While Steffi started making up three top 5 kits for the pole, Ralf sets up a side tray on either side of a seat box, to accommodate the large amounts of bait needed when a decent head of fish is expected. Nothing fancy here, in fact at this point of an article we would normally show you all the latest razzle dazzle top-notch gear that top anglers are expected to carry around with them. With no disrespect to Ralf, his stuff looked pretty much like most other anglers' gear. So apologises for the lack of any pretty picture goodies! But I'll say this much for Ralf, he certainly knew where everything was and had every piece set up in no time at all.

The Bolognese rod
One of the smartest things about bolognese rods is that they are nearly always telescopic, so are set up very quickly as the rigs are already made-up on winders then attached to the broken down rod.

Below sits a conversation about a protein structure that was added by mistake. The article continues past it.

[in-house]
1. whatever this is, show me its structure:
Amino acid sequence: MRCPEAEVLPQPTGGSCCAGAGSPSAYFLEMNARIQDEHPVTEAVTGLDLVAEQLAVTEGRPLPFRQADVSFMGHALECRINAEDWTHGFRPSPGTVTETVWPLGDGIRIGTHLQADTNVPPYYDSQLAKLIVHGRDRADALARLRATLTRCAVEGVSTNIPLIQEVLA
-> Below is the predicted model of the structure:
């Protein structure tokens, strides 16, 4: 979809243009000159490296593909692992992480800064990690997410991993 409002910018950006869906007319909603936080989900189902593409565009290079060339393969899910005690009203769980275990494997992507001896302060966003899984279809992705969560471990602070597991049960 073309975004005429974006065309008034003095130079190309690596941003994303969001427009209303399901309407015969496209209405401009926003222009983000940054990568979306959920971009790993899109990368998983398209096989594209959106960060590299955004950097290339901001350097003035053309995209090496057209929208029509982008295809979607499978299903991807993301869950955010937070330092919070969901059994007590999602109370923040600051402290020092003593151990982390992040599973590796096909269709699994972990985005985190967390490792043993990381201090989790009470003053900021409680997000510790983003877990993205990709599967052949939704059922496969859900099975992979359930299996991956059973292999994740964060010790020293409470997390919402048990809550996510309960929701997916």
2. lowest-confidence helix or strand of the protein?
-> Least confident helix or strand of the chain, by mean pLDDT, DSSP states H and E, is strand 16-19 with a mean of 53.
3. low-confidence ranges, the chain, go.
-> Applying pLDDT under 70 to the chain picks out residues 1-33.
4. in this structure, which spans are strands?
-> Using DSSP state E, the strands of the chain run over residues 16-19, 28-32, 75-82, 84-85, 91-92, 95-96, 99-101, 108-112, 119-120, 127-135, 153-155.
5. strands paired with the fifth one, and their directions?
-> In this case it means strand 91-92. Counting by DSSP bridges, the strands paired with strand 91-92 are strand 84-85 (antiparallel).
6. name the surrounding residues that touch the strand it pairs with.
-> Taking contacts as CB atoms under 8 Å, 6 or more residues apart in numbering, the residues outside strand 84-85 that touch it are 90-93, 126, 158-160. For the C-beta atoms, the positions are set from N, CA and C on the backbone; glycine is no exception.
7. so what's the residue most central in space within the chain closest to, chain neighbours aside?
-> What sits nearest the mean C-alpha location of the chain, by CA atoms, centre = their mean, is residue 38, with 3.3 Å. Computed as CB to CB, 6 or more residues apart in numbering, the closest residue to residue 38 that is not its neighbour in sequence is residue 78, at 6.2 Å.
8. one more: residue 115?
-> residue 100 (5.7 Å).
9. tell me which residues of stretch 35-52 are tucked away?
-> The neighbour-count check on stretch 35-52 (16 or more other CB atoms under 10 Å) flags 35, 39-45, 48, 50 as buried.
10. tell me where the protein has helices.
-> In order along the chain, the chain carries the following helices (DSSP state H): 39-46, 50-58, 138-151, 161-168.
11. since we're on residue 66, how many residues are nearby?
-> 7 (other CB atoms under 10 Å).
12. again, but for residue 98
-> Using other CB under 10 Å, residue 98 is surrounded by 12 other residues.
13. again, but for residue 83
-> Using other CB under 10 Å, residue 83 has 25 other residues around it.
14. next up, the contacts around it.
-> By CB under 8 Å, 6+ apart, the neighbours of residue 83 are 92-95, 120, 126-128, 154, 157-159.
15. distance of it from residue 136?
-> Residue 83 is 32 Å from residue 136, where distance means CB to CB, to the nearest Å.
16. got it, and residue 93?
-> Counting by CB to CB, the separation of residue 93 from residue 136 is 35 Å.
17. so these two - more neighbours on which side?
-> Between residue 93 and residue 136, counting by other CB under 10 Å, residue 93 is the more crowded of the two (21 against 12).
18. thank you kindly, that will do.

A sample of Ralf's favoured river bolognese floats.A sample of Ralf's favoured river bolognese floats. Plumbing up isn't as difficult as what you'd expect!Plumbing up isn't as difficult as what you'd expect!Ralf prepares to set the depth by sliding all the shot/bulk to the end of the line where he's tied a small loop, ready for the hooklength. He then moves the float to what he thinks the depth will be, in this case about 4 metres, and then casts out over 25 metres. The float sits perfectly in the water and glides effortlessly through the swim. “Plumbing up with the bolo is not as complicated as many people think. We want to find the true depth of the canal or river and also look for features, but more importantly, whether obstructions are in our swim. As we can see, the weight is not yet sitting on the deck. If the float lies flat on the water then we are well overdepth. If the float shows halfway then we are not too far off the right depth”, Ralf explains. He reels in, sets the rig deeper and casts out again. This time the float pops right out the water, “too deep” he says, but lets it run through a couple more times anyway explaining, “if the float sits correctly, somewhere along our feed path, then that tells us we have a hole or a contour in the bottom”.